Telecommunications | Sports & Television
T445 | 10778 | Gantz, W.

T445 Sports and Television

MW 4:00pm - 5:15pm
Prerequisitie: T205 or T207

This course will examine the relationships that exist among
collegiate and professional sports leagues, the Olympics, the
athletes themselves, distributors of sports programming such as
broadcast and cable networks, advertisers, institutions of higher
education, the government, and audiences.

This course is likely to contain five sections.  The first
introduces the many stakeholders associated with sports and the
media and covers the financial elements of media/sports linkages.
The second focuses on the content provided in sportscasts.  This
will include a look at sports journalism as well as charges that
media coverage, at least on occasion, has been racist and sexist.
The third segment of the course examines the audiences for media
sports. Here, we’ll describe the audience, their motivations for
viewing, and look at where viewing occurs.  In the fourth section of
the course, we’ll focus on the effects of sports coverage.  This
will range from effects on individuals and families to those felt by
organizations (i.e., colleges and universities) and society as a
whole. This section will include coverage of sports gambling.  The
final section of the course  looks at the future of sports and the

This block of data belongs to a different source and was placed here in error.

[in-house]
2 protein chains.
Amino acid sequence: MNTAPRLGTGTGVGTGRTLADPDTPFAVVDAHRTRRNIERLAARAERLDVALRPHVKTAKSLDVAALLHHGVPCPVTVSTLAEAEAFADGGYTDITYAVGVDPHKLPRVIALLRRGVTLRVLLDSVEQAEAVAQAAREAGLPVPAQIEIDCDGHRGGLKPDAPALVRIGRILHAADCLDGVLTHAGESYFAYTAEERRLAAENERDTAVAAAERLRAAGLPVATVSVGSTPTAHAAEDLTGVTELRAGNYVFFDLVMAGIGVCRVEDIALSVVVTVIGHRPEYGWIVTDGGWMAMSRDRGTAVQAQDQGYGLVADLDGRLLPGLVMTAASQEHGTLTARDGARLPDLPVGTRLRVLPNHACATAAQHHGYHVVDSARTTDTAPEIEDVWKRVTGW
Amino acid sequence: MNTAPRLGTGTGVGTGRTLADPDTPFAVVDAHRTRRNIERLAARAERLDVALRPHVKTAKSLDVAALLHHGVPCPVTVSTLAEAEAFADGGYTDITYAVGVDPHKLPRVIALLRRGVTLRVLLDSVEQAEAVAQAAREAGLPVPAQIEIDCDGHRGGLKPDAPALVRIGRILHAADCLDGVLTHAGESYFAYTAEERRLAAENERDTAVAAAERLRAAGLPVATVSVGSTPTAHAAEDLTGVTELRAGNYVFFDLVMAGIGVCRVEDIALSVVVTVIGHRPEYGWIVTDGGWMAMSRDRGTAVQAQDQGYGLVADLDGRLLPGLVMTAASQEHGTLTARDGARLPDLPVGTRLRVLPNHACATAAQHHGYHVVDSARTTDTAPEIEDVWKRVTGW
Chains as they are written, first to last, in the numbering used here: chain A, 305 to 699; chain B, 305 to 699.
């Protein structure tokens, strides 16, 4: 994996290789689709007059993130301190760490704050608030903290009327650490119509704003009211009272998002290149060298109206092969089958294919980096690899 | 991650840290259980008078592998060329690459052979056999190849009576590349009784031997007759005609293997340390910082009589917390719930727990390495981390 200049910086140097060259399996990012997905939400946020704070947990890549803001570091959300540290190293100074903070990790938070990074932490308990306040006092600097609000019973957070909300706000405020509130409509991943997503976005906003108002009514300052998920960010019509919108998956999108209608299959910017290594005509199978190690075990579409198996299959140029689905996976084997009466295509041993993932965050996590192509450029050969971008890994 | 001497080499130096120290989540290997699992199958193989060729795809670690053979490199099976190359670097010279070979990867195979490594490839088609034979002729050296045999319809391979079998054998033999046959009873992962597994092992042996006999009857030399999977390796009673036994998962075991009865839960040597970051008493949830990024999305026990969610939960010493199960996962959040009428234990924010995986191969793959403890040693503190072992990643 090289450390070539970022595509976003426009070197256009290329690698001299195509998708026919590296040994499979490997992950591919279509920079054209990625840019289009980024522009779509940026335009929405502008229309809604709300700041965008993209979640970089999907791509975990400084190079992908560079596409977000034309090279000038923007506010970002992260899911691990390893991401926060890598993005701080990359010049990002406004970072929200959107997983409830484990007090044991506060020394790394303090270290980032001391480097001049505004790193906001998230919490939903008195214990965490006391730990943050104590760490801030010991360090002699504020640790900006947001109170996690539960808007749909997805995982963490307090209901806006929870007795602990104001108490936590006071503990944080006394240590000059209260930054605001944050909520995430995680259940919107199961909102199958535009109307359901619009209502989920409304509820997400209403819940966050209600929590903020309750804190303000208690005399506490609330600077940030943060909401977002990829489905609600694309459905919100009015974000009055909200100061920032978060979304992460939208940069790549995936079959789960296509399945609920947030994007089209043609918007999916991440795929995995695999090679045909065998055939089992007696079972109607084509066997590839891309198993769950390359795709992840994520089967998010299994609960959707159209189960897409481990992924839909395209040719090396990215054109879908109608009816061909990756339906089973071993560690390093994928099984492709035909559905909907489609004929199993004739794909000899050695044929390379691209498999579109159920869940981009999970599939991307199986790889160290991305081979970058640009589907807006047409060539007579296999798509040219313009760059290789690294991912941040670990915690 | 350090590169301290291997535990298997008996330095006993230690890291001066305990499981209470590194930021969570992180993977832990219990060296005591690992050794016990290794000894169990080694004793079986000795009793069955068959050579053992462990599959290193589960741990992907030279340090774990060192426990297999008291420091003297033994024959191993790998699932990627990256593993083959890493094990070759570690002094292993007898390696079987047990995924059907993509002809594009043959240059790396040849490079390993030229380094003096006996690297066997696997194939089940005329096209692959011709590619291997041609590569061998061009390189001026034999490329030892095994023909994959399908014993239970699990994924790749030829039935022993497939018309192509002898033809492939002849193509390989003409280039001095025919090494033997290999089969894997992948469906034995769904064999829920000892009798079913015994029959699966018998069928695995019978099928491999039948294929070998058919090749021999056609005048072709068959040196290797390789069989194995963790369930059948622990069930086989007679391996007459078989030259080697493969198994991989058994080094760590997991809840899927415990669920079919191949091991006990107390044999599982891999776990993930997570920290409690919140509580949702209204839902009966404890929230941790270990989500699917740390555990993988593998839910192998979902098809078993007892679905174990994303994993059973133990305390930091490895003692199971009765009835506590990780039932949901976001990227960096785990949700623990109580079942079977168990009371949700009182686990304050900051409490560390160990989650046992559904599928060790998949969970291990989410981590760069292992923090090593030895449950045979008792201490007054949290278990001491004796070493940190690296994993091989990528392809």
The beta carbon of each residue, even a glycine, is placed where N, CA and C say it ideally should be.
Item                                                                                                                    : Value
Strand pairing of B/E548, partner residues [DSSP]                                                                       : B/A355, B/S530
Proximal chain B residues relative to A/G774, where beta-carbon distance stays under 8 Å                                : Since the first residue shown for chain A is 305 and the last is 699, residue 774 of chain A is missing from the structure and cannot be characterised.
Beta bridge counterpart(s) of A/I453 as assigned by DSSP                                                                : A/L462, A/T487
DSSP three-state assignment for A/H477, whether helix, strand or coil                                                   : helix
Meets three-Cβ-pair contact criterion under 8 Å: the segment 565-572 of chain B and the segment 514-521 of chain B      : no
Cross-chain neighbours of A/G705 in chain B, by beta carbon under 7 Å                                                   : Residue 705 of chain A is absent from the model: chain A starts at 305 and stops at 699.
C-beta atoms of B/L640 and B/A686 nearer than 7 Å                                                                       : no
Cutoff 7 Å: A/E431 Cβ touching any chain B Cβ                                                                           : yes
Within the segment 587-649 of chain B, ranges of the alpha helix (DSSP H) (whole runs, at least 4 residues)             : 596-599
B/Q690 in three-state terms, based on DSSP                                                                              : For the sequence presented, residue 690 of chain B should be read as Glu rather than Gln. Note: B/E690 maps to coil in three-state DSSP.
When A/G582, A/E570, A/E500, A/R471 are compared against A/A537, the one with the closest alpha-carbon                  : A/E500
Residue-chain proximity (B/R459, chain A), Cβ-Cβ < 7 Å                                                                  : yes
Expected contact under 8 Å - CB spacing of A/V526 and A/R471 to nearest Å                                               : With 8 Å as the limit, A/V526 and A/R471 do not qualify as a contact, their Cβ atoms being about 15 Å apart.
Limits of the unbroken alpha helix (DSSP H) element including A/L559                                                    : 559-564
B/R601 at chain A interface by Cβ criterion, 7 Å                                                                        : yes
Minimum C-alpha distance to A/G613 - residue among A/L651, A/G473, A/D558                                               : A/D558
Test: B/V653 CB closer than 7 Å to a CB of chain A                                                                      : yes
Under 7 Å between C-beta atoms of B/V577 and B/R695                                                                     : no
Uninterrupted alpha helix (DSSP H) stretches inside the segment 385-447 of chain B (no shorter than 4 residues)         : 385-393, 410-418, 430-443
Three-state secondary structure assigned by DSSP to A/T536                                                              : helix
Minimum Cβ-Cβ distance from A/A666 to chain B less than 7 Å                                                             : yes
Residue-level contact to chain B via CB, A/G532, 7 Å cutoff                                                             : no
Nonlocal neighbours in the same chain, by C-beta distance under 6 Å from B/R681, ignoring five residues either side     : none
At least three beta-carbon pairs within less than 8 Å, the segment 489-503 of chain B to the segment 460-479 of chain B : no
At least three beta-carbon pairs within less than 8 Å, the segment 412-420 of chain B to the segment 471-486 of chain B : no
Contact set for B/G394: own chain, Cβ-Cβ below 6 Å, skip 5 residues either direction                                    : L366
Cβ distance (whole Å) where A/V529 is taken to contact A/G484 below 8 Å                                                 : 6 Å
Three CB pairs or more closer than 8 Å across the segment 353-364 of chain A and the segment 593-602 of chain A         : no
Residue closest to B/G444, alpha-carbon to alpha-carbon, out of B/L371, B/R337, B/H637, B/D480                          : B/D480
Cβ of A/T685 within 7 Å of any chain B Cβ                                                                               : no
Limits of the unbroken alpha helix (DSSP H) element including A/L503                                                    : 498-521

media.  In this section, we’ll look at new media outlets, new
sports, and the efforts underway to attract young audiences to
sports on the media.

Format:  Typically, class materials will be initially presented
using a modified lecture format; most class sessions will have a
lecture component.  Nonetheless, your participation during the
lectures is expected.  This certainly is the case with a series of
debates on contentious issues which, indeed, are yours to lead.

Readings: This class will use a mix of required books and readings
handed out in class or placed on electronic reserve at the
Undergraduate Library.  Last year, the books were: Murry Sperber.
Beer and Circus: How Big-Time College Sports is Crippling
Undergraduate Education and Andrew Zimbalist. Unpaid Professionals:
Commercialism and Conflict in Big-Time College Sports.  Books and
readings will be selected.

Workload:  There are likely to be three exams.  Each will consist of
objective (multiple choice and true/substitute) and short answer
questions and will cover materials presented in the lectures, the
readings, exercises, and homework assignments.  In all likelihood,
there also will be a small number of  generally short written
assignments.  Each is designed to stimulate your thought and/or
assess your skill in applying concepts presented in class and in the
readings.  Finally, the class may participate in a relevant research

This course counts toward Social and Historical Studies distribution
requirements in the College of Arts and Sciences. It may, or may
not, also count toward other degree requirements. For more
information about which requirements this course could fulfill see
the College of Arts and Sciences Bulletin at . If you have
questions, or need additional help, see your academic advisor.